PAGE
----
I don’t remember the last time I had listened to the radio so intently.
Through the speakers in my car last week came the voice of Mikayla, a young woman living in the youth shelter at New Beginnings in Lewiston. Since her father passed away, she has dealt with challenges well beyond her 18 years. She has tried unsuccessfully to find a home among family members, dropped out of community college because she couldn’t afford books, and spent many days sitting in 24-hour restaurants and many nights sleeping in her friend’s hallway.
But her hopes remain intact. With the counseling and safe shelter she’s received at New Beginnings, she wants to give college another try in the fall.
Maine Public aired Mikayla’s story—and several others among the estimated 2,500 homeless or displaced youth in Maine—in a series on youth homelessness called “Finding a Way.” Funded by a John T. Gorman Foundation grant, these five stories and a Maine Calling episode have explored the successes and challenges of addressing youth homelessness in Maine.
We think it’s important to put a face, and a voice, to this critical issue. Too few know about the instability, trauma, and tragedies that lead to these kids becoming homeless, nor the challenges entailed in being a homeless teen. Growing up and getting through school is difficult enough without having to figure out whose couch to sleep on or how to get enough food every day. The ability of these kids to survive amid these trials is a testament to their perseverance and potential.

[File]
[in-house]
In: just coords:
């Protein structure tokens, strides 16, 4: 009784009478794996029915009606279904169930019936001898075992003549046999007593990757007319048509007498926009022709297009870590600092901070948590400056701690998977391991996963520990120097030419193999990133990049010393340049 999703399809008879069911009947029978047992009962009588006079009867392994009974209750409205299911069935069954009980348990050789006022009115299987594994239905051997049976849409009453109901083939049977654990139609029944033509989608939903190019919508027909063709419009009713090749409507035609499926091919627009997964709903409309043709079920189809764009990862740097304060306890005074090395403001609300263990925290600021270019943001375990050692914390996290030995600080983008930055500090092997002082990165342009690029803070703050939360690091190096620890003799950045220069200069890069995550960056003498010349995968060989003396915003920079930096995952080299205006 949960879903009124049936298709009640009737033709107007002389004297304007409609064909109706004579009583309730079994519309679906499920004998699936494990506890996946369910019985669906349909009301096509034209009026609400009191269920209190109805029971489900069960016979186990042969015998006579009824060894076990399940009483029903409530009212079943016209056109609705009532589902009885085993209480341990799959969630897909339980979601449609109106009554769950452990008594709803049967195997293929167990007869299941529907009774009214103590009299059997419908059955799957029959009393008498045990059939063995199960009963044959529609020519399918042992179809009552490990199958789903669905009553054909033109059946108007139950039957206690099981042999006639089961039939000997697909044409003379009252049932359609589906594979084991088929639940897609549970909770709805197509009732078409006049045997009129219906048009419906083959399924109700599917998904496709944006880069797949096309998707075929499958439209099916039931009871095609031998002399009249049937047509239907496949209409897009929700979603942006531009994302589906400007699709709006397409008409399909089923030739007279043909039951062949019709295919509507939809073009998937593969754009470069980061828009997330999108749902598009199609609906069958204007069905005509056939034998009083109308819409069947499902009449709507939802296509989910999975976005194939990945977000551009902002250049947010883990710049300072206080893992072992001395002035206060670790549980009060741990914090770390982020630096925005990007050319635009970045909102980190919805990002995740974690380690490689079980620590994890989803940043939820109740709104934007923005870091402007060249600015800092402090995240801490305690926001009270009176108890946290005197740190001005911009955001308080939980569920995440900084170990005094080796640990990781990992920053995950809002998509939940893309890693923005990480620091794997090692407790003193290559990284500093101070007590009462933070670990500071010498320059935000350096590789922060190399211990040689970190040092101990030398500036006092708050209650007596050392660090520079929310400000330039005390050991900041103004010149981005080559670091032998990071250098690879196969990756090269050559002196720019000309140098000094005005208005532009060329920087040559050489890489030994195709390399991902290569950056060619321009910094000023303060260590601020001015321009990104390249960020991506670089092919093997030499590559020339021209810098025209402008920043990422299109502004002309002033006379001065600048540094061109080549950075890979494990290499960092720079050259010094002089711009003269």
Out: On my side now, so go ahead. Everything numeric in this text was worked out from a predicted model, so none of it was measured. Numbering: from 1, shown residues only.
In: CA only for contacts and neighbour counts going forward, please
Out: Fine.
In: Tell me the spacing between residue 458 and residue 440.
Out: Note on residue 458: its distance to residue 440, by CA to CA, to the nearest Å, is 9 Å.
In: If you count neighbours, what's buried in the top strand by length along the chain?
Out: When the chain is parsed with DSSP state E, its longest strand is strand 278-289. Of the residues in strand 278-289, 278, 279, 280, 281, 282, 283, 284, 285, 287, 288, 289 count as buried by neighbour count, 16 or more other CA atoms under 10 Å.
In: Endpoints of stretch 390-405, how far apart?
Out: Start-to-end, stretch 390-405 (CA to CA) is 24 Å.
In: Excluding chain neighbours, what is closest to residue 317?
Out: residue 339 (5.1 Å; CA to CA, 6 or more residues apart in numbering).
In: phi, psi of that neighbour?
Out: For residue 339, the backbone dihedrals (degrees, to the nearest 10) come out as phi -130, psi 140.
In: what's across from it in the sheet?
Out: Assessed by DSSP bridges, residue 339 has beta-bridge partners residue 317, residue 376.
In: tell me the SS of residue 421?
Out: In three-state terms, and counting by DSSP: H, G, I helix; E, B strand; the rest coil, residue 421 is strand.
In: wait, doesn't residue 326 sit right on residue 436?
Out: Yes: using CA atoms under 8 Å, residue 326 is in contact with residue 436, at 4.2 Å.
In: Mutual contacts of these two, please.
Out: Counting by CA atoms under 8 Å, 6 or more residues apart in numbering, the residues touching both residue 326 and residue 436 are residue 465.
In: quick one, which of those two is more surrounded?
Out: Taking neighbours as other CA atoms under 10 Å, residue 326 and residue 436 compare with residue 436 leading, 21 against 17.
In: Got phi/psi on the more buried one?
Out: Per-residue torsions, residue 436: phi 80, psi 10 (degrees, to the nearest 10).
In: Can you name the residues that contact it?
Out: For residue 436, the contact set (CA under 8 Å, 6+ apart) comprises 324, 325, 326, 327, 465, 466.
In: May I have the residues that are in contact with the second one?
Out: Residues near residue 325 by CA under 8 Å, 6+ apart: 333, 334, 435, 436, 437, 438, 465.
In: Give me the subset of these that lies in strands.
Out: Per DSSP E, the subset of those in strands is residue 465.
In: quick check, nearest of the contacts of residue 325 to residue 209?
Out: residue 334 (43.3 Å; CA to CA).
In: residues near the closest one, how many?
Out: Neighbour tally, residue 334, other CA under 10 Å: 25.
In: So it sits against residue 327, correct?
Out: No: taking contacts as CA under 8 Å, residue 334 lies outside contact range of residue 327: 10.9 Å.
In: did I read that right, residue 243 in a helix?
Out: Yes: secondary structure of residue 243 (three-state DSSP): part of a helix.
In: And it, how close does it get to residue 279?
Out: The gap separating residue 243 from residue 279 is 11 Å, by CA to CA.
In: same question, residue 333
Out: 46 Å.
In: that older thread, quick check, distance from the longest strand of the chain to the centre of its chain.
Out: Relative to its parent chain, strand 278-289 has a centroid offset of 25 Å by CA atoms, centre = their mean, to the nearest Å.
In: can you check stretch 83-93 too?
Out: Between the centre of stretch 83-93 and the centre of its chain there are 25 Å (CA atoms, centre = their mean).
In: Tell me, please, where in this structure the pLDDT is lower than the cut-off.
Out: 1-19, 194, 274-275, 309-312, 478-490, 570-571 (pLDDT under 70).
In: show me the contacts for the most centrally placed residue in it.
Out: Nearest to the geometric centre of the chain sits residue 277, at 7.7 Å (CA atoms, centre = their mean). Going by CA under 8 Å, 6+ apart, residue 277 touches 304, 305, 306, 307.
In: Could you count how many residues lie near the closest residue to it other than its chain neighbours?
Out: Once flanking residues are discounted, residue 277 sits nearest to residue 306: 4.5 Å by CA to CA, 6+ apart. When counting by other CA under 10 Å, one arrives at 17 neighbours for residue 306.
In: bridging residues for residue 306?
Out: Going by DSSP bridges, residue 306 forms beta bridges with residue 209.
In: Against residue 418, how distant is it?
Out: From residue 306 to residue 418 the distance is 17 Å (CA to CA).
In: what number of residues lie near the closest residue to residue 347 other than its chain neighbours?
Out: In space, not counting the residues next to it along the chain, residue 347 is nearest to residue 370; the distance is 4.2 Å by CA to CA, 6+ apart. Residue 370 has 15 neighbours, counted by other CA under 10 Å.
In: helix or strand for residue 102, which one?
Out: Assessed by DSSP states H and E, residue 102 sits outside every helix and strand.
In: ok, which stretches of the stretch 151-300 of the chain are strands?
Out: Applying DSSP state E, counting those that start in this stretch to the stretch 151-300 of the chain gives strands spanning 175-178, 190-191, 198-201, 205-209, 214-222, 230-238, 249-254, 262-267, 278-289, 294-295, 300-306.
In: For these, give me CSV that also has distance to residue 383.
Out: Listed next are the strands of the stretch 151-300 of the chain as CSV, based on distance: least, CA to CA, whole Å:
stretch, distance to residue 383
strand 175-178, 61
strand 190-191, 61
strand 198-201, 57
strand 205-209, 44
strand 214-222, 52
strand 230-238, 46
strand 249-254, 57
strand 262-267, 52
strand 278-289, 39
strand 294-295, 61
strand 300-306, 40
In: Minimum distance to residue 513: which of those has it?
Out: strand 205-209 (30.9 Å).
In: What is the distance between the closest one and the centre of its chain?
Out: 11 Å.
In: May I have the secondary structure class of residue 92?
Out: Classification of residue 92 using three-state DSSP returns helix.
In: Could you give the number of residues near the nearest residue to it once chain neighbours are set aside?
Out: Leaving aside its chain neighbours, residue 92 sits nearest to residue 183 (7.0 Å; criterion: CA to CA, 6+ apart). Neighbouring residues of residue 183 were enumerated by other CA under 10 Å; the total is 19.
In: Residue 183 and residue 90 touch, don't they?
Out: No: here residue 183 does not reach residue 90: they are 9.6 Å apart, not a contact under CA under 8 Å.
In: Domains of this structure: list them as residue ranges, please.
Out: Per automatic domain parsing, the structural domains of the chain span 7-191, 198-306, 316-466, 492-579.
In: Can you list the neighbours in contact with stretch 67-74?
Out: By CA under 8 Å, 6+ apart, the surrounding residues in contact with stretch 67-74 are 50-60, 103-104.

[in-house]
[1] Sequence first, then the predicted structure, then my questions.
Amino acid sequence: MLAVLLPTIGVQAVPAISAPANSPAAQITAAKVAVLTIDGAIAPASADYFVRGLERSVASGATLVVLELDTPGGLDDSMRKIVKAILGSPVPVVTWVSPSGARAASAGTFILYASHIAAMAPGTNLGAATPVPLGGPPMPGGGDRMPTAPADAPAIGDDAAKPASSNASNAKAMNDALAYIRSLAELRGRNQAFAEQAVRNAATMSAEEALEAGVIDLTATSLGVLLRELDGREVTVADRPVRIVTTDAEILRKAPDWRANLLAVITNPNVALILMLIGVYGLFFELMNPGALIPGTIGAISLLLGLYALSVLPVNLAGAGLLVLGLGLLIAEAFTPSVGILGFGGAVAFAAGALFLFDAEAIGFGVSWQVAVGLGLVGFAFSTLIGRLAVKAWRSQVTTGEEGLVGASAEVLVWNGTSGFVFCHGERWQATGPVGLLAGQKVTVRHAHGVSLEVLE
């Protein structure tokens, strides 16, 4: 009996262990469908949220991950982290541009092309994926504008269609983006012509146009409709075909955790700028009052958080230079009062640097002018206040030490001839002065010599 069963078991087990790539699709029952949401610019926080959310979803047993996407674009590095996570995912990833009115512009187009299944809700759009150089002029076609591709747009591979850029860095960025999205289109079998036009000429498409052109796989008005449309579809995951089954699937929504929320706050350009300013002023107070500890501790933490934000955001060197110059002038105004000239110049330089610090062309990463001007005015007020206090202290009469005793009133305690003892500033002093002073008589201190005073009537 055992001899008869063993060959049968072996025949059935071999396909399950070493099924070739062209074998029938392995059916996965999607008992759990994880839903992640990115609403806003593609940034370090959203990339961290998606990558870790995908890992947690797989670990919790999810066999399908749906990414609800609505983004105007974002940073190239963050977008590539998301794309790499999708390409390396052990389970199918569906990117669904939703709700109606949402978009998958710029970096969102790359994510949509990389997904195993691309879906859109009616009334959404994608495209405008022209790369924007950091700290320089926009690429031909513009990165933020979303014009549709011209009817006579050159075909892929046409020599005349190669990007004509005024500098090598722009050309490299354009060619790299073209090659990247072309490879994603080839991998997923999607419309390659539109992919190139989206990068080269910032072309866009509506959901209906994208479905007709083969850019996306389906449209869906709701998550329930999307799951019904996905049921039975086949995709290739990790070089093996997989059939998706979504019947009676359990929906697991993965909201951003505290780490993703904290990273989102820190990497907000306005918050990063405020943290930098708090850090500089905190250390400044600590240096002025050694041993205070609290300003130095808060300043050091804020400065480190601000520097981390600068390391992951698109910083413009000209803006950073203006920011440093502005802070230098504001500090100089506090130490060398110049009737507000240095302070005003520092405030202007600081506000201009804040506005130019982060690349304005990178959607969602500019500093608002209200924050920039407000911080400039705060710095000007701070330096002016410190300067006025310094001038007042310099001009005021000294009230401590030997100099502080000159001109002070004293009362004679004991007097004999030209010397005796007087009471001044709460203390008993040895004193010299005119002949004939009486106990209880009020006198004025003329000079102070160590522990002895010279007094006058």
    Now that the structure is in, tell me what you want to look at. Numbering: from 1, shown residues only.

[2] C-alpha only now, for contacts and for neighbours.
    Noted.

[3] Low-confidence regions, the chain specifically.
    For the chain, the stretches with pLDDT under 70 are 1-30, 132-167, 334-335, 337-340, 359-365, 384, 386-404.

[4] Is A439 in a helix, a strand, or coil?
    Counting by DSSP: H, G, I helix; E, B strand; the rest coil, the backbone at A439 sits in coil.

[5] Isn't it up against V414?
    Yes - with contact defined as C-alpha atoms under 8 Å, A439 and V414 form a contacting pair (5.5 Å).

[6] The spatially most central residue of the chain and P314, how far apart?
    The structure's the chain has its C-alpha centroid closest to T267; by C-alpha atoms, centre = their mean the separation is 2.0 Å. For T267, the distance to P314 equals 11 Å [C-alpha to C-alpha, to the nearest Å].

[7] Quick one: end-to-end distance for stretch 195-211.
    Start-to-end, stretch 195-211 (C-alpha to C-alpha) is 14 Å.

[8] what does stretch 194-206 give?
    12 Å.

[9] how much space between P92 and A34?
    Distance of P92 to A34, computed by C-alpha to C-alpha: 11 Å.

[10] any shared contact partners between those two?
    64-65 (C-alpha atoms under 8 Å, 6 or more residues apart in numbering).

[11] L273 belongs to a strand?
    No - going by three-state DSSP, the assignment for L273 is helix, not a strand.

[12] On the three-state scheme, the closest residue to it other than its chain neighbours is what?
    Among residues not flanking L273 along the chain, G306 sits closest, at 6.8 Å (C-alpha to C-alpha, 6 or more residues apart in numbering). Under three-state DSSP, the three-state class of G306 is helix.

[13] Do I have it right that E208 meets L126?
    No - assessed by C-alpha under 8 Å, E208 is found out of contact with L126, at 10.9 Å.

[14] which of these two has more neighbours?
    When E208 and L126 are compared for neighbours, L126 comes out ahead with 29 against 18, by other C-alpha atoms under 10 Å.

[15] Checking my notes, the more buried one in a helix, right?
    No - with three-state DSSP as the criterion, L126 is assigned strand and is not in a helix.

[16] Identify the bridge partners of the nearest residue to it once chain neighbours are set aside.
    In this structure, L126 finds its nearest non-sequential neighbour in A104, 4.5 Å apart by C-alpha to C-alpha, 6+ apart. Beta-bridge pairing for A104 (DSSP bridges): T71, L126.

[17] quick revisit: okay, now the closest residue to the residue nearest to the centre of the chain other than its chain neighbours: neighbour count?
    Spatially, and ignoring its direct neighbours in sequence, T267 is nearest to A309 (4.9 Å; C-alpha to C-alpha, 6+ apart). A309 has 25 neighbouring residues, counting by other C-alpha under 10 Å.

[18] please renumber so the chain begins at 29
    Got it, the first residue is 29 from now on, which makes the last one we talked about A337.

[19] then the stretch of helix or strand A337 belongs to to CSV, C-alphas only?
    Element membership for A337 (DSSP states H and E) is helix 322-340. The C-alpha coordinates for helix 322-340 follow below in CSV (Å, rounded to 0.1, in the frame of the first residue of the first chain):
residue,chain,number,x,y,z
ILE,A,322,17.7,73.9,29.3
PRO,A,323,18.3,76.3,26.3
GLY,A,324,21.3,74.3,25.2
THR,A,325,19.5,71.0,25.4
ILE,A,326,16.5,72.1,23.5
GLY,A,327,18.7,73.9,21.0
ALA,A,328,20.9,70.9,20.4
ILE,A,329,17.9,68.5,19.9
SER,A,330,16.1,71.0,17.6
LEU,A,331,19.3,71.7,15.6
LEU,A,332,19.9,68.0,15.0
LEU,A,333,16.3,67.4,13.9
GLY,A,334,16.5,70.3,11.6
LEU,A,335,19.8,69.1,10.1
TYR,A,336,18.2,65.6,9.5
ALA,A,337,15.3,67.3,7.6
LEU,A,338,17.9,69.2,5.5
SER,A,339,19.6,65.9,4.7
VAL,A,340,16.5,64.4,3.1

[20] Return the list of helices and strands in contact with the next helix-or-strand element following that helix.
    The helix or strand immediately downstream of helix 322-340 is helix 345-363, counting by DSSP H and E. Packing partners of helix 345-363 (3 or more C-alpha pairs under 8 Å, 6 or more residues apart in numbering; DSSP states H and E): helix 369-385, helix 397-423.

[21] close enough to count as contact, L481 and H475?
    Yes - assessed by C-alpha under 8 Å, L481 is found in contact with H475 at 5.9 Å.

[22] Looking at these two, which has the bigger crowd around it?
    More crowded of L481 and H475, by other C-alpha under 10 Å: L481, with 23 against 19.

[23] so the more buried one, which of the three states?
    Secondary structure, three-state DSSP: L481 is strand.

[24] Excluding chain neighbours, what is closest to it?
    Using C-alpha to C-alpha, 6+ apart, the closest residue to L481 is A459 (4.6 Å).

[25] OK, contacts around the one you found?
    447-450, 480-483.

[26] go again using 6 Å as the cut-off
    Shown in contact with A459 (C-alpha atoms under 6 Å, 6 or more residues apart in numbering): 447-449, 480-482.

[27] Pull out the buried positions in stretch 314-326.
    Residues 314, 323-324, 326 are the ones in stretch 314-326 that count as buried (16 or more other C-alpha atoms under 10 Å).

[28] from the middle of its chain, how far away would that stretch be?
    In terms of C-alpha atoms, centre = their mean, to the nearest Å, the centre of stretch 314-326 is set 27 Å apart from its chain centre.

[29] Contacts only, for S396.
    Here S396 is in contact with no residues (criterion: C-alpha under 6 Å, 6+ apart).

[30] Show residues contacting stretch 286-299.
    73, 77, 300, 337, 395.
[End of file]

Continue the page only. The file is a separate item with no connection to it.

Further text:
Thankfully, many individuals in our community remain committed to unlocking that potential, even in the face of tight resources and rising need. Maine Public shined a light on how schools and local organizations are changing traditional models to better support these kids, meet rural youth where they are, and help homeless students succeed in school and beyond.
The Foundation is proud to work alongside these organizations to advance their goals—by investing in programs, building the capacity of local leaders through our Fellowship, and informing policy decisions through instruments like the brief we published last year on helping vulnerable Maine youth succeed.
The Foundation’s multi-pronged approach to its work is on full display in our latest newsletter, whether we’re talking about our place-based initiatives in Lewiston, two-generation approaches to breaking the cycle of poverty, or the 2019 John T. Gorman Fellows. We hope you give these articles a read—and, to the “Finding a Way” series, a listen.
Thanks for tuning in,
Tony Cipollone, President & CEO